With a little information from the tea vendor and some locals there, we set out towards Devgram, our first destination on the circuit and the halt for the night. A suspension bridge across white gushing waters that are so signature to this region and we were on a road to Devgram.
We had barely walked 500 mts when a jeep comes from behind, much to our delight. However, the joy was short lived as the jeep was laden with villagers, some even sitting on the top. The driver agreed to drop the locals and come back for us. With a faster transport having been arrived we decided to climb down to the stream and indulge ourselves with some ice cold refreshment. We emptied our water bottles and filled them with fresh and cold water. To hell with mineral water. While climbing down Hrishi and I brushed ourselves against what is locally known as ‘Bichhu kata’, a shrub with transparent broken-glasslike thorns. It immediately gives a burning sensation, same as when one is stung by a scorpion. Thus the name. Down at the stream we washed ourselves with the ice-cold water and vroom went the burn. Healing waters, literally.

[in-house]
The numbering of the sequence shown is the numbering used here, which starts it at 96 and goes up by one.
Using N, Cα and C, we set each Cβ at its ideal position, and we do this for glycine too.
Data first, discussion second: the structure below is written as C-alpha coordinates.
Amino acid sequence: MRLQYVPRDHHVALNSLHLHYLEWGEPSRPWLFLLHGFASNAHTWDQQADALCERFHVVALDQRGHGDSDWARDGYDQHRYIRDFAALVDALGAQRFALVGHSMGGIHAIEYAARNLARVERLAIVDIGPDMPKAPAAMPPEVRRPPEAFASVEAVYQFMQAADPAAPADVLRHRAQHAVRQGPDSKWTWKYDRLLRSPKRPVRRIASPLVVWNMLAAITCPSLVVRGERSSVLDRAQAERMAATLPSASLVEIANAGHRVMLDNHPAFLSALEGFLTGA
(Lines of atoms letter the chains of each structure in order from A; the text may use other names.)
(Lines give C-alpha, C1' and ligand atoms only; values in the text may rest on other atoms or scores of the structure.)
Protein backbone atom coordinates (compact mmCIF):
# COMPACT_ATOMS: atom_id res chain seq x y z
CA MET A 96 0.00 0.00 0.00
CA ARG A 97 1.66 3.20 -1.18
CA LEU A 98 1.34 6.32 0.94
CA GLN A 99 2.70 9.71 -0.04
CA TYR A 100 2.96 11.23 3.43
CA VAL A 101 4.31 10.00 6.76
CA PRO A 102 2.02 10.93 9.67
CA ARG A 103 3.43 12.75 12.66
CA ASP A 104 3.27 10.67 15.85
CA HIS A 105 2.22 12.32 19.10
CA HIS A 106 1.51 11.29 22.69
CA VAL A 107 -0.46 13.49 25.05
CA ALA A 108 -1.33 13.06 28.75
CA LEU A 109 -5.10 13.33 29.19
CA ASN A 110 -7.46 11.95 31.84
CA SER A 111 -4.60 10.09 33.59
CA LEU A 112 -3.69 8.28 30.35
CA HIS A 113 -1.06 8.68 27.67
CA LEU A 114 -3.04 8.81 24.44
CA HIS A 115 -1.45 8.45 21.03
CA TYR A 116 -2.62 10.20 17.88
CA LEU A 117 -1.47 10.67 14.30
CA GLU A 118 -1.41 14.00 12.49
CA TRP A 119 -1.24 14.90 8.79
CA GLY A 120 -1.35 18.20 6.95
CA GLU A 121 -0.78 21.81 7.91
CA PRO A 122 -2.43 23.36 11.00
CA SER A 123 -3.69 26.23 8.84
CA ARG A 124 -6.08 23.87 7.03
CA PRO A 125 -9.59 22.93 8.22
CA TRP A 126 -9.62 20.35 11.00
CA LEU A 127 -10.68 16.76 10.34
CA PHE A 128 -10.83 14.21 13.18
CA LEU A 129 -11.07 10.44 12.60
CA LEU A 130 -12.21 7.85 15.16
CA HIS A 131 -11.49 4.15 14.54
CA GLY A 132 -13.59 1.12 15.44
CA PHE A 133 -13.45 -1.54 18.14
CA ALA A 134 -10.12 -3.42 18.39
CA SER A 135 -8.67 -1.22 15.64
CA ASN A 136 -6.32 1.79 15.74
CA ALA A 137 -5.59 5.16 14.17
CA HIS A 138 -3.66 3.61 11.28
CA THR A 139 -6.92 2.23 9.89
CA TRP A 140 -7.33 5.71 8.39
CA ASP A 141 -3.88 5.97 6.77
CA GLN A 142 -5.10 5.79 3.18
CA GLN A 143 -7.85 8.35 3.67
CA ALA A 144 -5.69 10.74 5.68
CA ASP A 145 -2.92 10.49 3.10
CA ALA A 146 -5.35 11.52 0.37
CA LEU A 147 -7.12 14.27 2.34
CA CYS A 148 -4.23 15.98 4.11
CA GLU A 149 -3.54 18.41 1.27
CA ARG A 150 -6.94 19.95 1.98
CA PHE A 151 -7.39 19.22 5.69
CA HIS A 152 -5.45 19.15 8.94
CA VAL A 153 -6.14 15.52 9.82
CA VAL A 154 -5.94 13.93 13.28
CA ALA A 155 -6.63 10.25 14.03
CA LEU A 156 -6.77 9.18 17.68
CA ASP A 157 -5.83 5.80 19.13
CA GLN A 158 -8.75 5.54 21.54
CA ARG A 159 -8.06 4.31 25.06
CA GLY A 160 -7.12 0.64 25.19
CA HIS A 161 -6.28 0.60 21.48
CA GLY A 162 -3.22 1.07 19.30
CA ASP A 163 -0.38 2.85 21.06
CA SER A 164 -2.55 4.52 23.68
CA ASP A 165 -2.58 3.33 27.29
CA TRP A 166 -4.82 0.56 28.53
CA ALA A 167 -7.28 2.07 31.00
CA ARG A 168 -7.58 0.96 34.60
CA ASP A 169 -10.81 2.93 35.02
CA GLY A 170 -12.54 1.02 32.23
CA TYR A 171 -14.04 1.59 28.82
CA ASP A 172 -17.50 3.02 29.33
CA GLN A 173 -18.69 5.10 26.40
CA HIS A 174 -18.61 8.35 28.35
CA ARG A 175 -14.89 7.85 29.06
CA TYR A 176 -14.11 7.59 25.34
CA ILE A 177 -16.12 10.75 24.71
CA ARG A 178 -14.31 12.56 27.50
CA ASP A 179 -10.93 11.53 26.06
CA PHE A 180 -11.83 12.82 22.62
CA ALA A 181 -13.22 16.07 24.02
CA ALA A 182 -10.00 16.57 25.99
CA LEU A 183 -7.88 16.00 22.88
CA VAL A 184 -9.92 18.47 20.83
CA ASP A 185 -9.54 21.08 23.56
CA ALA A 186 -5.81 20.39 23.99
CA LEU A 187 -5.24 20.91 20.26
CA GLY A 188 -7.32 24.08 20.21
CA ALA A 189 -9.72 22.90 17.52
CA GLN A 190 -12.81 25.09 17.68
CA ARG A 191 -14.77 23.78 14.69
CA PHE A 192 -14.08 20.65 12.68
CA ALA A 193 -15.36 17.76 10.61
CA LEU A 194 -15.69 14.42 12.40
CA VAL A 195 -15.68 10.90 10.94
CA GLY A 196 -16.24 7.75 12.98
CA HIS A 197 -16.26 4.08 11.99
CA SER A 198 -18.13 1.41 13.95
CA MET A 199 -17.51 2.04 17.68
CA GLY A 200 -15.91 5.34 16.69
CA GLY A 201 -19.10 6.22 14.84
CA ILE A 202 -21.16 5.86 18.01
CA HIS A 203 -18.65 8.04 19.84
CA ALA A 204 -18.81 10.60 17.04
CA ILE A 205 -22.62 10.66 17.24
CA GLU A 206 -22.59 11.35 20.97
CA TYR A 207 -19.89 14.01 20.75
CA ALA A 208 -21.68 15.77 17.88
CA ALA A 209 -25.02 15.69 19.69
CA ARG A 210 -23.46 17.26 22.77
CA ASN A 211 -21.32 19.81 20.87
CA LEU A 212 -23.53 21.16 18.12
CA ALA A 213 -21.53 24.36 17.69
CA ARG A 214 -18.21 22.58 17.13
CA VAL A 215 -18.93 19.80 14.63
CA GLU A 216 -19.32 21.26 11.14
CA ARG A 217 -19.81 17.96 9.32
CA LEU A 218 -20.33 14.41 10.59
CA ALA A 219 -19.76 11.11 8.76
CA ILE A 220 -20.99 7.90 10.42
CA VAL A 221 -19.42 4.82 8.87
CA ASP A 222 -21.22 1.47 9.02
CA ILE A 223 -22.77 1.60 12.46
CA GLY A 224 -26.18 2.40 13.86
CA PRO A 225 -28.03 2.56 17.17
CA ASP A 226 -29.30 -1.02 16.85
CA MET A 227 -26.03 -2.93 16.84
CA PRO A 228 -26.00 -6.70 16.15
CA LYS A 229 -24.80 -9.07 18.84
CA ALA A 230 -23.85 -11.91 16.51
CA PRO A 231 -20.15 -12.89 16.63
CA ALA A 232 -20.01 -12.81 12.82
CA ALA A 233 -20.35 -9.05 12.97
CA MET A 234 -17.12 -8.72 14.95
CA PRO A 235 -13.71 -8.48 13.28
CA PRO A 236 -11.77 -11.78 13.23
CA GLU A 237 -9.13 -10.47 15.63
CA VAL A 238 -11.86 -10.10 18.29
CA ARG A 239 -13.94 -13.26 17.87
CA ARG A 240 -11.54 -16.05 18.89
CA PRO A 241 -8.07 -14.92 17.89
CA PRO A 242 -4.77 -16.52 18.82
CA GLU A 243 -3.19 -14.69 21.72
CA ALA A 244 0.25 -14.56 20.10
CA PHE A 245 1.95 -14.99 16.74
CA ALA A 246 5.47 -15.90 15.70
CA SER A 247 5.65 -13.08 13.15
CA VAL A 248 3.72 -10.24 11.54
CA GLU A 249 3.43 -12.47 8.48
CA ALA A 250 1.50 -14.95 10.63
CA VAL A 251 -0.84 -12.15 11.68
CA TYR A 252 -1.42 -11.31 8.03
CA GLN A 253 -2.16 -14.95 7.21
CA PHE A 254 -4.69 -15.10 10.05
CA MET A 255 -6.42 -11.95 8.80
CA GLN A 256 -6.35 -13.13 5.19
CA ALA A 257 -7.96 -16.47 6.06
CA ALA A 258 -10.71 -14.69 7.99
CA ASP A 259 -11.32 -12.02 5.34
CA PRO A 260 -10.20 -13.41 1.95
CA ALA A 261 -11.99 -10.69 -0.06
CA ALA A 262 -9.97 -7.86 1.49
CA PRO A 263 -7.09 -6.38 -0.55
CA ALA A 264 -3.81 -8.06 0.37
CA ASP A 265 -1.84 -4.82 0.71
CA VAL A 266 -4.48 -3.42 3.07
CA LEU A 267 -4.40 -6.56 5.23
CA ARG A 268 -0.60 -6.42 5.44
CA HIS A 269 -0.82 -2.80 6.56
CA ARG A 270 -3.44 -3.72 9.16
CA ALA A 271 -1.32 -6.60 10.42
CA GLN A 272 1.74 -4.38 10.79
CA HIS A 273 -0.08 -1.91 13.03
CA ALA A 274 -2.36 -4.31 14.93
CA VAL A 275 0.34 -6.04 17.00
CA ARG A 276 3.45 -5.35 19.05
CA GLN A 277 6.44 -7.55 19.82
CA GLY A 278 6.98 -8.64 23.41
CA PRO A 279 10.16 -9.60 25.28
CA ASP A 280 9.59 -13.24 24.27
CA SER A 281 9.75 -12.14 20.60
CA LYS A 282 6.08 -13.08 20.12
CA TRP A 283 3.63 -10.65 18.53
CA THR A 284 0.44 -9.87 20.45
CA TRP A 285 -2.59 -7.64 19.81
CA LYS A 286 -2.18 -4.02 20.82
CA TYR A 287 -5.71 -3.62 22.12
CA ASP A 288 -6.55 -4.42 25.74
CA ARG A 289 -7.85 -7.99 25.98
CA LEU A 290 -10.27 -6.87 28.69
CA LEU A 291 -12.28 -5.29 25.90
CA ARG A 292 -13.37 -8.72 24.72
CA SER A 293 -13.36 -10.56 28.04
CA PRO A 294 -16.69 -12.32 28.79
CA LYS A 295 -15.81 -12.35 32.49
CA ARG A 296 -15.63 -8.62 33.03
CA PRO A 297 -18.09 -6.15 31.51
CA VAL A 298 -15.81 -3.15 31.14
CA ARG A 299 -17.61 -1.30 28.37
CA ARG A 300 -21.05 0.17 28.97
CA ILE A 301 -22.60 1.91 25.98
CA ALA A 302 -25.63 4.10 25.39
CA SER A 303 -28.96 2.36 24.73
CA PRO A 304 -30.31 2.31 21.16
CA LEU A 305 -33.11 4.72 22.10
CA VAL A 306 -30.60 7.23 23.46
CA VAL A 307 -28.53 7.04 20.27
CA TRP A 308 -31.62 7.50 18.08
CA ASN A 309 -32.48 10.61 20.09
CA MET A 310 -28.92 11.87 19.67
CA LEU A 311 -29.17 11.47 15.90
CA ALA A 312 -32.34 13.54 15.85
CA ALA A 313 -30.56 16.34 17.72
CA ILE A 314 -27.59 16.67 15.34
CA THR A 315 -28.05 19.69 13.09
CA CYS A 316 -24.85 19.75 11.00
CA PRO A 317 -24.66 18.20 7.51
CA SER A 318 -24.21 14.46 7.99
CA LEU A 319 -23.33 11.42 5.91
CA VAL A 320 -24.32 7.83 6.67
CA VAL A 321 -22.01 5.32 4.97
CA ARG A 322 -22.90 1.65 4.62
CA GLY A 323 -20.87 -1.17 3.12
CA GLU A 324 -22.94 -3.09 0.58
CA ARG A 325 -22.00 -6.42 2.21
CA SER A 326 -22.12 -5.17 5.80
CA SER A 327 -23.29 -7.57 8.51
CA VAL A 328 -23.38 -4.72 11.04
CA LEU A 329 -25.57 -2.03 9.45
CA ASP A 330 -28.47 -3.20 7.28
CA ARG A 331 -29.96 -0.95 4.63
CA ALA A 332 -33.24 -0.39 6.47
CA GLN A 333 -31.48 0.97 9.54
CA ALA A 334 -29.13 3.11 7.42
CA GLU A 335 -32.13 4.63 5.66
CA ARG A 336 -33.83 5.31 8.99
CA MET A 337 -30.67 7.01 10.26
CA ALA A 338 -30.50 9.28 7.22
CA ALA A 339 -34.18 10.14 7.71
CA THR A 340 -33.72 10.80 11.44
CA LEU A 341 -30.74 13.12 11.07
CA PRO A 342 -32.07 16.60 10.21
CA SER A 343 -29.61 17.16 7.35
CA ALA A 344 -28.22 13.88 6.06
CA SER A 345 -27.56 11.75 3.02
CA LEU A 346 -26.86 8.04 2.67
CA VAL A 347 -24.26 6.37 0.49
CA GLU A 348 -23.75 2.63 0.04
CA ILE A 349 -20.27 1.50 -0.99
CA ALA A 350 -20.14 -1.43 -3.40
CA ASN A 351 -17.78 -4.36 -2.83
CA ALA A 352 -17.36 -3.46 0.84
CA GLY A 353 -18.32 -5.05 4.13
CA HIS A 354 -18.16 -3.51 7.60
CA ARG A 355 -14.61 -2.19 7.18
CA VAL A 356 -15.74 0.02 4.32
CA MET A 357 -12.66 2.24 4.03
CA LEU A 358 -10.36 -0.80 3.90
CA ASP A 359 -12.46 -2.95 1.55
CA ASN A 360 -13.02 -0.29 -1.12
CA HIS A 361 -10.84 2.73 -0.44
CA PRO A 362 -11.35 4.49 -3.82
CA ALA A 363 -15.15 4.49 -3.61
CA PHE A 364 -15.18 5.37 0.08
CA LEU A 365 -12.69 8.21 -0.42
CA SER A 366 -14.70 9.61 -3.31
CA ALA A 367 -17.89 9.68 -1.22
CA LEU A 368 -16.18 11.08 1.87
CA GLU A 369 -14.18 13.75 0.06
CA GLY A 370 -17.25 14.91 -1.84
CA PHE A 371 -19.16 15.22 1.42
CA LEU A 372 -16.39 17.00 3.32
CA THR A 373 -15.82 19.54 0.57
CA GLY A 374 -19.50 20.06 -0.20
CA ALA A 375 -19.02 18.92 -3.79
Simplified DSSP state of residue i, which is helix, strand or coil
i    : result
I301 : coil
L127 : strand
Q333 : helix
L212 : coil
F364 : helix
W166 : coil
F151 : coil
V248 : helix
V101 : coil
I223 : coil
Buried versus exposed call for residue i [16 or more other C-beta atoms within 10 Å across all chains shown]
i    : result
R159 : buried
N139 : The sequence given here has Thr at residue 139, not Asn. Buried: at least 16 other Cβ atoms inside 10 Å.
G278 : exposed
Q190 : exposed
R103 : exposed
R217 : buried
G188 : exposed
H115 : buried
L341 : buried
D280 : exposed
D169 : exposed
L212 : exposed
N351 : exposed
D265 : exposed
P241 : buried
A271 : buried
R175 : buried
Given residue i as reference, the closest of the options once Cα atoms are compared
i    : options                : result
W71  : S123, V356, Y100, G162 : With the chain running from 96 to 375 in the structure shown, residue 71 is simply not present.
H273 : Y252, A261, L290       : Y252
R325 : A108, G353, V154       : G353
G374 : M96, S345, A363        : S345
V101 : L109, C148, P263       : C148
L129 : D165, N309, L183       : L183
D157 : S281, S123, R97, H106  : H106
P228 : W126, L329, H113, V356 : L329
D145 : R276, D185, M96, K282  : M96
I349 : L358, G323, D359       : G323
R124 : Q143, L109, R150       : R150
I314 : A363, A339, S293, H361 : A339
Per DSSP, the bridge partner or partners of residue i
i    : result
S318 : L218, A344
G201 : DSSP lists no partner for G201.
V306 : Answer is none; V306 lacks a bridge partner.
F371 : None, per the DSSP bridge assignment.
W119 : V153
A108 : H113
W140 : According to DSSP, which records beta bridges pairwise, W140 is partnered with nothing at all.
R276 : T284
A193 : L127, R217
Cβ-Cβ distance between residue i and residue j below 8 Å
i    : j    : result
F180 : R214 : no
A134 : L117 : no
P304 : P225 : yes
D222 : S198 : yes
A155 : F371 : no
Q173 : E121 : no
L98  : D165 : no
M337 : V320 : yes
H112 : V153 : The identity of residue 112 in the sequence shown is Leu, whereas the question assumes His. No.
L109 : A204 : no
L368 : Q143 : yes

With me keeping a slow pace, checking out different sorts of cones from the coniferous trees, trying to identify – to no avail – the birds and clicking an occasional snap and Hrishi keeping a slow pace thanks to his weight, Jayesh would constantly prod us to pick up the speed as the jeep had not turned up till then and we had started to get a feeling as though it never would. We had to make our way all the way to Devgram on foot. On one turn we met four shepherds with their herd of at least 100-150 goats and sheep and some 5-8 dogs.
I’m not sure what their breed is but Garhwal Shepherds or Shivalik Shepherds would be an apt name, wouldn't it? Everywhere we went on our trekking route, we came across the same kind of dogs. Black with dark brown on the throat, at times with a golden tinge and obviously very hairy. With their friendly demeanour they were an adorable lot. As the shepherds guided, this is where we left the road and took up a trail through woods having made our way right through the flock. We could still see the road though and after walking up a little we saw the jeep going down the road. It was obviously beyond catching any signal from us. That wasn’t very encouraging. Clouds had begun to appear, thus making it even darker in the woods. Concerned that we would be caught in the rains on the very first leg of our hike, we hurried.